My Mt. Everest | June 2006 Newsletter

My Mount Everest: June, 2006
Merle M. Singer, Founder

My Mt. Everest.com is bringing some wonderful conversations my way. I had two different conversations this month (one via email) that brought a different nuance to the concept of challenging yourself with Your Mt. Everest project.

Stand-Up Comedy is Easy — for Some People

I was telling a friend about my Stand Up Comedy Class. Yes, I just finished one class, and the new one starts in July. You can come and see me at Hollywood Improv, 8162 Melrose, 4-7pm on Sunday, 8/27/06 if you happen to be in town. It certainly is scary; I think that’s the point. The rest of the point is that I am expressing myself every way I can. But that’s another story.

My friend said that he had performed stand-up for a while a long time ago. I asked why he stopped. He said that it was soooo easy. His humor centered on his family, and, therefore, he had an ennnndless supply of material. It seemed to him as if he were cheating by not having to reach far for his topics. How could he be good with no effort?

Is Easy Bad?

It’s a different twist. Here the challenge seems to be to do and to respect something that is so easy for you. Where do we get the idea that something easy is bad? Where do we get the idea that something needs to be very difficult to be worthy of our attention? Fill in your own answers. I certainly have never heard anyone say “work easy.” It’s always “work hard.”

Even for most of the things that are difficult at the beginning (i. e.: geometry or playing the piano), eventually it gets easier. And just when it is easy (either from the beginning or eventually) is really where it all starts. You can start having fun with it. The added nuances that you bring to your skill or expertise is where you continue to challenge yourself. And if you keep going, you get good enough to share it, teach it.

There is a Place in the Scheme of Things for “Easy”

If, on the other hand, all you do are the difficult things for you, it’s the same as reading hundreds of books, but only the first chapter of each one —- no satisfaction, nothing learned, nothing to talk about.

I was very good at yoga about 20 years ago. I stopped because, “Well, I did that; now what?” “Now what!’ is currently, 20 years later, I’m not able to take up where I left off. Even after almost a year, I’m not yet up to where I left off. I miss out on the nuances and extra fun that comes with expertise. Even so, I find value and joy in what I’m doing.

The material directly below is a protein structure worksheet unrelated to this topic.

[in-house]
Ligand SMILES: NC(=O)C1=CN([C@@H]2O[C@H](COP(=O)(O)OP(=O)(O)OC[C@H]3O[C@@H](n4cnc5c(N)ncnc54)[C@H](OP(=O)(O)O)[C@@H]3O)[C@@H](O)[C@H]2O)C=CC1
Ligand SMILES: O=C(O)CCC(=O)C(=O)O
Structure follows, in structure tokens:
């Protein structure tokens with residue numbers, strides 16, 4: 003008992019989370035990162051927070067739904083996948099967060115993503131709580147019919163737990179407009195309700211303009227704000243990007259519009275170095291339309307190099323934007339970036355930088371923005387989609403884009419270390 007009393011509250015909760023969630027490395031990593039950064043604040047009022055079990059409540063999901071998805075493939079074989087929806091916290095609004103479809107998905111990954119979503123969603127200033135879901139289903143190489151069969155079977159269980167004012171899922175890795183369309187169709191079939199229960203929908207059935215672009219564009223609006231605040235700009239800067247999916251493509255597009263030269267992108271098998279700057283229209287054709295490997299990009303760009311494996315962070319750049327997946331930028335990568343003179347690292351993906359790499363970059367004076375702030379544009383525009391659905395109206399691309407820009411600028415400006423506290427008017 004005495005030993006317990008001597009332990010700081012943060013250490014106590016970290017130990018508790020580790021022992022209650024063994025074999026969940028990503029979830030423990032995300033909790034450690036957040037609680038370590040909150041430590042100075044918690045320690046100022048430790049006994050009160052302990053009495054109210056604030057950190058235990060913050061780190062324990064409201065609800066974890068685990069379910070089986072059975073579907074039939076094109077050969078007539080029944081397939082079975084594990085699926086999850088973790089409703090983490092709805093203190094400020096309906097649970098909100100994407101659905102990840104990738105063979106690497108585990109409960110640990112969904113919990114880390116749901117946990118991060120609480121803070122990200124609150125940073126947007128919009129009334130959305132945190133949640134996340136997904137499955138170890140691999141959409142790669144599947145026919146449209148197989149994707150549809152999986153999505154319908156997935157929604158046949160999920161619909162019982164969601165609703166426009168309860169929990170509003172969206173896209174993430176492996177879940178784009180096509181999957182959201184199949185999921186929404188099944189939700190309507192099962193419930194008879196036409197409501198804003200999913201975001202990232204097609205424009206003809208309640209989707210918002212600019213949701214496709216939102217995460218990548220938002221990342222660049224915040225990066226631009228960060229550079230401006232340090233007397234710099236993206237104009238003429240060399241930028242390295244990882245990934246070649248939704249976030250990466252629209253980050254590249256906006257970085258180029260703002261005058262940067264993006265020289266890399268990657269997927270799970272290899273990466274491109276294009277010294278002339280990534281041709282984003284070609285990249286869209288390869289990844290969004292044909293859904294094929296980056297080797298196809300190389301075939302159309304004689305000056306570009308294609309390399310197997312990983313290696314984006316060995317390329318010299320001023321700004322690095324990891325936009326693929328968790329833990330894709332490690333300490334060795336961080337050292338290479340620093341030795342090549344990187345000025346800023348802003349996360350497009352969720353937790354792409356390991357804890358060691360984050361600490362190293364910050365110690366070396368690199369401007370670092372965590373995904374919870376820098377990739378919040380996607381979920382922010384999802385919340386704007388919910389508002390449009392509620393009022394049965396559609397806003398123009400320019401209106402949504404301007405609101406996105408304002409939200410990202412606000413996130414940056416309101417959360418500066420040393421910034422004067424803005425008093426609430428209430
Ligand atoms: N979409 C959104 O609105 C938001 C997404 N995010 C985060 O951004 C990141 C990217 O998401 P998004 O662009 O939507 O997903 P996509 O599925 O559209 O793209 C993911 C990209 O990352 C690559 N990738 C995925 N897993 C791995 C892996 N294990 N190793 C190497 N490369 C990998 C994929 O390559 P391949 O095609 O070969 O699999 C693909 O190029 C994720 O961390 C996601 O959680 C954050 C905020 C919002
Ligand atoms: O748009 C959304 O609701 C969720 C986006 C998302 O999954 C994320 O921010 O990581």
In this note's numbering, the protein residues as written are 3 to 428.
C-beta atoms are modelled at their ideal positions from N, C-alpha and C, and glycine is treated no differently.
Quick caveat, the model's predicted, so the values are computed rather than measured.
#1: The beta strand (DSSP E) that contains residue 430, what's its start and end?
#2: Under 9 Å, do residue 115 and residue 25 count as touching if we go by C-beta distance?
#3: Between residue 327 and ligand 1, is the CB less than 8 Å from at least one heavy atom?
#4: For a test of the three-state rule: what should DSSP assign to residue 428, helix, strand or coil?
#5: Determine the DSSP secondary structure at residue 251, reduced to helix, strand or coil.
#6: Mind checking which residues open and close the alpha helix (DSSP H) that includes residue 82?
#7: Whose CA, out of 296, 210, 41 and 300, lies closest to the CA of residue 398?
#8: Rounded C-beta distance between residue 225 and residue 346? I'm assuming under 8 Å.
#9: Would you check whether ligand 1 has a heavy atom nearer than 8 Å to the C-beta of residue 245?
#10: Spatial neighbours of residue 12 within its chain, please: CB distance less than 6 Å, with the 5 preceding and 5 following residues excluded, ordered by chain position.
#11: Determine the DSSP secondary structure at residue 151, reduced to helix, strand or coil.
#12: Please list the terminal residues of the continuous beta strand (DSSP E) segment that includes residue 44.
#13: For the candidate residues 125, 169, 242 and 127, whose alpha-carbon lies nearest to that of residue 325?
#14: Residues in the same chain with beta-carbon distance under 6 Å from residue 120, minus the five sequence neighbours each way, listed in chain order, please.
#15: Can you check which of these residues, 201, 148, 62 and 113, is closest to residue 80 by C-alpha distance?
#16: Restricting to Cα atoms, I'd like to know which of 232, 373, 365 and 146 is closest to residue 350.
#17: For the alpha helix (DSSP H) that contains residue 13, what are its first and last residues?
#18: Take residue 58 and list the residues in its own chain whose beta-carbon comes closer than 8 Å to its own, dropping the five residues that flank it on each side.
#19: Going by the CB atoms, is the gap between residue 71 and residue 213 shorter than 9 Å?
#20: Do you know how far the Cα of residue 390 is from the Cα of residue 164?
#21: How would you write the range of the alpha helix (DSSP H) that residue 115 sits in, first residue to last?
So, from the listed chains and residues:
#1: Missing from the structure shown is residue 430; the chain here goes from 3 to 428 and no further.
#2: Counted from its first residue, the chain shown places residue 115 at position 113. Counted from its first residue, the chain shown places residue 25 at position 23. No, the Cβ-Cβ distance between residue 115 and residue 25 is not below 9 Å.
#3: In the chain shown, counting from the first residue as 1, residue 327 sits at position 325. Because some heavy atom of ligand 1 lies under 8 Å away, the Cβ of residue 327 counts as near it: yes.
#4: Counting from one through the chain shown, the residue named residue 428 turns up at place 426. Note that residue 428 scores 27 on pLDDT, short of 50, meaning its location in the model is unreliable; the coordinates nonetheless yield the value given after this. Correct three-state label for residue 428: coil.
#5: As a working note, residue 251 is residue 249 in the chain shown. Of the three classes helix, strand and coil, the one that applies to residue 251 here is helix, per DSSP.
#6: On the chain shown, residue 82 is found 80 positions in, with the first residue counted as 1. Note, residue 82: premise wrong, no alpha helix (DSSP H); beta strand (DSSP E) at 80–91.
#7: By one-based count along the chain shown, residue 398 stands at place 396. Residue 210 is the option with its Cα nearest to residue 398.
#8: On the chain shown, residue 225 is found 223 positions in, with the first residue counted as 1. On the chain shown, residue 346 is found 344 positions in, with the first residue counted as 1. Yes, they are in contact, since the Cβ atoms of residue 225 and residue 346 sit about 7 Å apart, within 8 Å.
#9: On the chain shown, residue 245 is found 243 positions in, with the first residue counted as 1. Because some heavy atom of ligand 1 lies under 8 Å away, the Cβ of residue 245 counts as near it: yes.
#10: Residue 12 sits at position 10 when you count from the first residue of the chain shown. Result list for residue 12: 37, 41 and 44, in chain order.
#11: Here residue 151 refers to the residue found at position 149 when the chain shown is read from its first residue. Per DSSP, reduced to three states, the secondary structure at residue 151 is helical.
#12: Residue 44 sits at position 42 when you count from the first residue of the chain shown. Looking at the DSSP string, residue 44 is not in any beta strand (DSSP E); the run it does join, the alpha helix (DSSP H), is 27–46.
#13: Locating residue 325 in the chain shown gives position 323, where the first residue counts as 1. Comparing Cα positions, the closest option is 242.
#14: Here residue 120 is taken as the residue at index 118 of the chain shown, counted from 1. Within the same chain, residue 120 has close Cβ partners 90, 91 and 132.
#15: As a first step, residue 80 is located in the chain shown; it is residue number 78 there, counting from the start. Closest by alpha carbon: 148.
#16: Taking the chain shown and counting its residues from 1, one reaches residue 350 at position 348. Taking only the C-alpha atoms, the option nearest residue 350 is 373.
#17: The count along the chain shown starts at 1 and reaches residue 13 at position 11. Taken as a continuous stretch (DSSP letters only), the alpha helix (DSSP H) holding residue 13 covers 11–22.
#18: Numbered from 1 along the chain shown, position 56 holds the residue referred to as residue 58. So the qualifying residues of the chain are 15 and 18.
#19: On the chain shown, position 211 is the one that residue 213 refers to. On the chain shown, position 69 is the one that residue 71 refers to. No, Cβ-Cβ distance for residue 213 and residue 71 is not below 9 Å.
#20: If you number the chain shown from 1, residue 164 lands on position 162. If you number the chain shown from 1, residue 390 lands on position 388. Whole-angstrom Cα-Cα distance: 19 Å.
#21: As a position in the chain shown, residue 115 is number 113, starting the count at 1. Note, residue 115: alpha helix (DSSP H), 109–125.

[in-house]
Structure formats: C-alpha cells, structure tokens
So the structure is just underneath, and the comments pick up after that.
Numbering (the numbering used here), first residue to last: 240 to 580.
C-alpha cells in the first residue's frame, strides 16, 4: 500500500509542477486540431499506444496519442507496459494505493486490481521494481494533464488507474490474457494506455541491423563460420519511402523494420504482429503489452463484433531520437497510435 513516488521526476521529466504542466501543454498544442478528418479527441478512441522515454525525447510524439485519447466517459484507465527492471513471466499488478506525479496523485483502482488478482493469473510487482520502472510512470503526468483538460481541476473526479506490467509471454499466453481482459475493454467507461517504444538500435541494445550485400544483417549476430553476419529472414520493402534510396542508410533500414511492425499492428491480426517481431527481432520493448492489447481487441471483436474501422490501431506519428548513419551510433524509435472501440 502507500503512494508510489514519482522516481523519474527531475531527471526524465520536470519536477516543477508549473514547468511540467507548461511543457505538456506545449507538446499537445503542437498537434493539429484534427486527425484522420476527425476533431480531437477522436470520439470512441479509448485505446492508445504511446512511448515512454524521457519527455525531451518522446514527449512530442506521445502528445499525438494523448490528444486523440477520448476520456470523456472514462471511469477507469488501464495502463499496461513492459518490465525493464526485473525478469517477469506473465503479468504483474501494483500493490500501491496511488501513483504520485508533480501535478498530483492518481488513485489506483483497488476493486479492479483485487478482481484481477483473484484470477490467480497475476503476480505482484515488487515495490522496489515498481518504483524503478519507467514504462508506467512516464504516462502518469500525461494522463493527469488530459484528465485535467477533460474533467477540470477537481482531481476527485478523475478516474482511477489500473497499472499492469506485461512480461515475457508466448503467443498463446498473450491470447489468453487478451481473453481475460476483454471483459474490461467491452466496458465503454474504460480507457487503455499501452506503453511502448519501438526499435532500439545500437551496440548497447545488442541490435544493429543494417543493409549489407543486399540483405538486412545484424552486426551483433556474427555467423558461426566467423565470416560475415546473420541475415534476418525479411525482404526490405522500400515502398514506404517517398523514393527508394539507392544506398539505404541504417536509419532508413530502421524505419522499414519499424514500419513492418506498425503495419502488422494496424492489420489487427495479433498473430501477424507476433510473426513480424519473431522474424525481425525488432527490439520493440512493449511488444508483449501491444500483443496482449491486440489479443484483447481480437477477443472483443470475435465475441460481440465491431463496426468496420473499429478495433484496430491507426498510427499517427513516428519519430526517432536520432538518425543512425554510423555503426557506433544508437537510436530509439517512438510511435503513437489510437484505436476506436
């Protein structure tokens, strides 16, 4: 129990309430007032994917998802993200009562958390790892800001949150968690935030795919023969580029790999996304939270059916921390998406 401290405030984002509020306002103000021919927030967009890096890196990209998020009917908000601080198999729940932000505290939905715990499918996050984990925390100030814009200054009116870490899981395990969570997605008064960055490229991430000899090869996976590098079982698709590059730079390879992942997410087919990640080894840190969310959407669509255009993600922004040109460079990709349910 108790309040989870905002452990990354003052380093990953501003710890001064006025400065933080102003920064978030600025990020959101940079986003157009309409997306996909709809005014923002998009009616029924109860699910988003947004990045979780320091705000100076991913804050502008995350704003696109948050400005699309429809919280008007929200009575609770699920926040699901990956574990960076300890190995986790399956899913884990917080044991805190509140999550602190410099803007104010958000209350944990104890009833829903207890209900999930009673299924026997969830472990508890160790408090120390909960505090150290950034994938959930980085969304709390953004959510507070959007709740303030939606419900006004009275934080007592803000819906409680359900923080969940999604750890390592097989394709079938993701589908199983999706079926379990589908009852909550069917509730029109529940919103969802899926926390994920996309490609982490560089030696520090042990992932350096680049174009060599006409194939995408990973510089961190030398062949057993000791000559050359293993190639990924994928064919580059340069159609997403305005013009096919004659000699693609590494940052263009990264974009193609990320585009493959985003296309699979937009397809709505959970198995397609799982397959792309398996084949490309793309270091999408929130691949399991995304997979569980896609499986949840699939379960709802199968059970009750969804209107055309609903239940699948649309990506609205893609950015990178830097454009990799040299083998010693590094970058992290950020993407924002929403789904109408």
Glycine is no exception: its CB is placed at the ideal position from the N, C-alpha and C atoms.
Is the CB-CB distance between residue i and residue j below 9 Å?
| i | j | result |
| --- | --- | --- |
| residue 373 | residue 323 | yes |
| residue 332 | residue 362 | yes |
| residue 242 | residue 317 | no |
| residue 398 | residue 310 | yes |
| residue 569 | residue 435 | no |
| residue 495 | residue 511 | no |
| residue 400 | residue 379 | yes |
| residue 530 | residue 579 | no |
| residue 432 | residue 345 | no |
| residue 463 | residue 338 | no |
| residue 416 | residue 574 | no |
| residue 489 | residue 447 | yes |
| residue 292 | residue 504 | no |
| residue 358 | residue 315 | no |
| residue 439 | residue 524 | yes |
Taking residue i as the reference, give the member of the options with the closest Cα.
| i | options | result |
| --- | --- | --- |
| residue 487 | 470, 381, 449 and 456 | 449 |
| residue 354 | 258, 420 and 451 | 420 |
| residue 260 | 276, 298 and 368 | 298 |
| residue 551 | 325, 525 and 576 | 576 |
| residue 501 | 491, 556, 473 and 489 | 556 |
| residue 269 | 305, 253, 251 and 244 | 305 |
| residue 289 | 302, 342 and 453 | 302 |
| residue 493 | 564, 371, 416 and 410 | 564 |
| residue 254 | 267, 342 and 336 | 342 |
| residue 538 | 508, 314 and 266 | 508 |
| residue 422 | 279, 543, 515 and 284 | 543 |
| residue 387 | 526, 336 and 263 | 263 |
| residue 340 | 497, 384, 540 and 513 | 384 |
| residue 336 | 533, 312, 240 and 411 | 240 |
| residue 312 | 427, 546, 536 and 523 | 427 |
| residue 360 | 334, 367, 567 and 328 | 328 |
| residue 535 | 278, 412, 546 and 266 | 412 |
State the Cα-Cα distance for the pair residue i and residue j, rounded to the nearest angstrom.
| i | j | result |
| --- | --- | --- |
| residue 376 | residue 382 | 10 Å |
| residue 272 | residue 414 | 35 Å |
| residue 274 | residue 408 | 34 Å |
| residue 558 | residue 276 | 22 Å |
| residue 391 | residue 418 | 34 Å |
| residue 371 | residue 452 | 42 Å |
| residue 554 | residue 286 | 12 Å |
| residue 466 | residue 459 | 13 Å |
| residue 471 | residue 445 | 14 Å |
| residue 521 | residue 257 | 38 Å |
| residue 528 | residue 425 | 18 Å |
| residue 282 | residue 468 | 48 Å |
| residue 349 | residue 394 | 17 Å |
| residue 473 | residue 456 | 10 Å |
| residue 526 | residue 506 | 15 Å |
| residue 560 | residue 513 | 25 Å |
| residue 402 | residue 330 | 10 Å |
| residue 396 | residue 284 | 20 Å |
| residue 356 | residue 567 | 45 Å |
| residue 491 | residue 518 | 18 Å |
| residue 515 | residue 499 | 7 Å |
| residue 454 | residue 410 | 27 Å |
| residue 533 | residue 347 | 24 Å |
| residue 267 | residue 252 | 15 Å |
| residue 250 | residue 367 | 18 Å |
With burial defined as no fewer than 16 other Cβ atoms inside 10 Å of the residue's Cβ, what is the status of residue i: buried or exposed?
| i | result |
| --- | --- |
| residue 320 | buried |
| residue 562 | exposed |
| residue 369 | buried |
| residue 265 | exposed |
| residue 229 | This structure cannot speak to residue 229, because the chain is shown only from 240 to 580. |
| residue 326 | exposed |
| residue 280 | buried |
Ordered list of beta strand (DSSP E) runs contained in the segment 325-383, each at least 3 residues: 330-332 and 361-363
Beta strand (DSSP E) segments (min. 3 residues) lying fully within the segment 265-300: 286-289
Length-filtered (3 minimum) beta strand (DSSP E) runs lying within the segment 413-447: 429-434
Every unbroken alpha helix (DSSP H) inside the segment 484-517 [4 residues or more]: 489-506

I received an email from RW. She responded to “having fun.” She lapsed into a written reverie of her own life.

” I remember before I was married and used to have FUN, take risks, not afraid to meet a new challenge. My mom’s favorite saying to me was always “when are you going to settle down and be responsible?”

Can you have fun while being responsible?

RW concluded that fun and responsible were not compatible behaviors. So now, RW is post-marriage, post-children at home, post-parent care, and still living as if fun, risk, and challenge (if not work-related) is immoral. She continued,

“Then those days hit that I feel that old fire that wants to be irresponsible again – to learn to have fun again and laugh – geez I realized the other day I just don’t laugh anymore.”

If dour days of self-sacrifice are what you practice, dour days of self-sacrifice are what you do even though it is no longer functional. So RW concludes,

“On those days I want to get in my car and just drive off to wherever it takes me and start all over – then the words come back “responsible.” So I go to bed, and get up the next day and start all over again.”

Summary

Don’t be frightened away from something because it is easy or fun or frivolous. Make the very ease of it your challenge.

“Maybe how hard or easy isn’t the issue. Instead, how fun is it?” MMS


“Every game ever invented by mankind, is a way of making things hard for the fun of it!”

John Ciardi (1916-1986), American Poet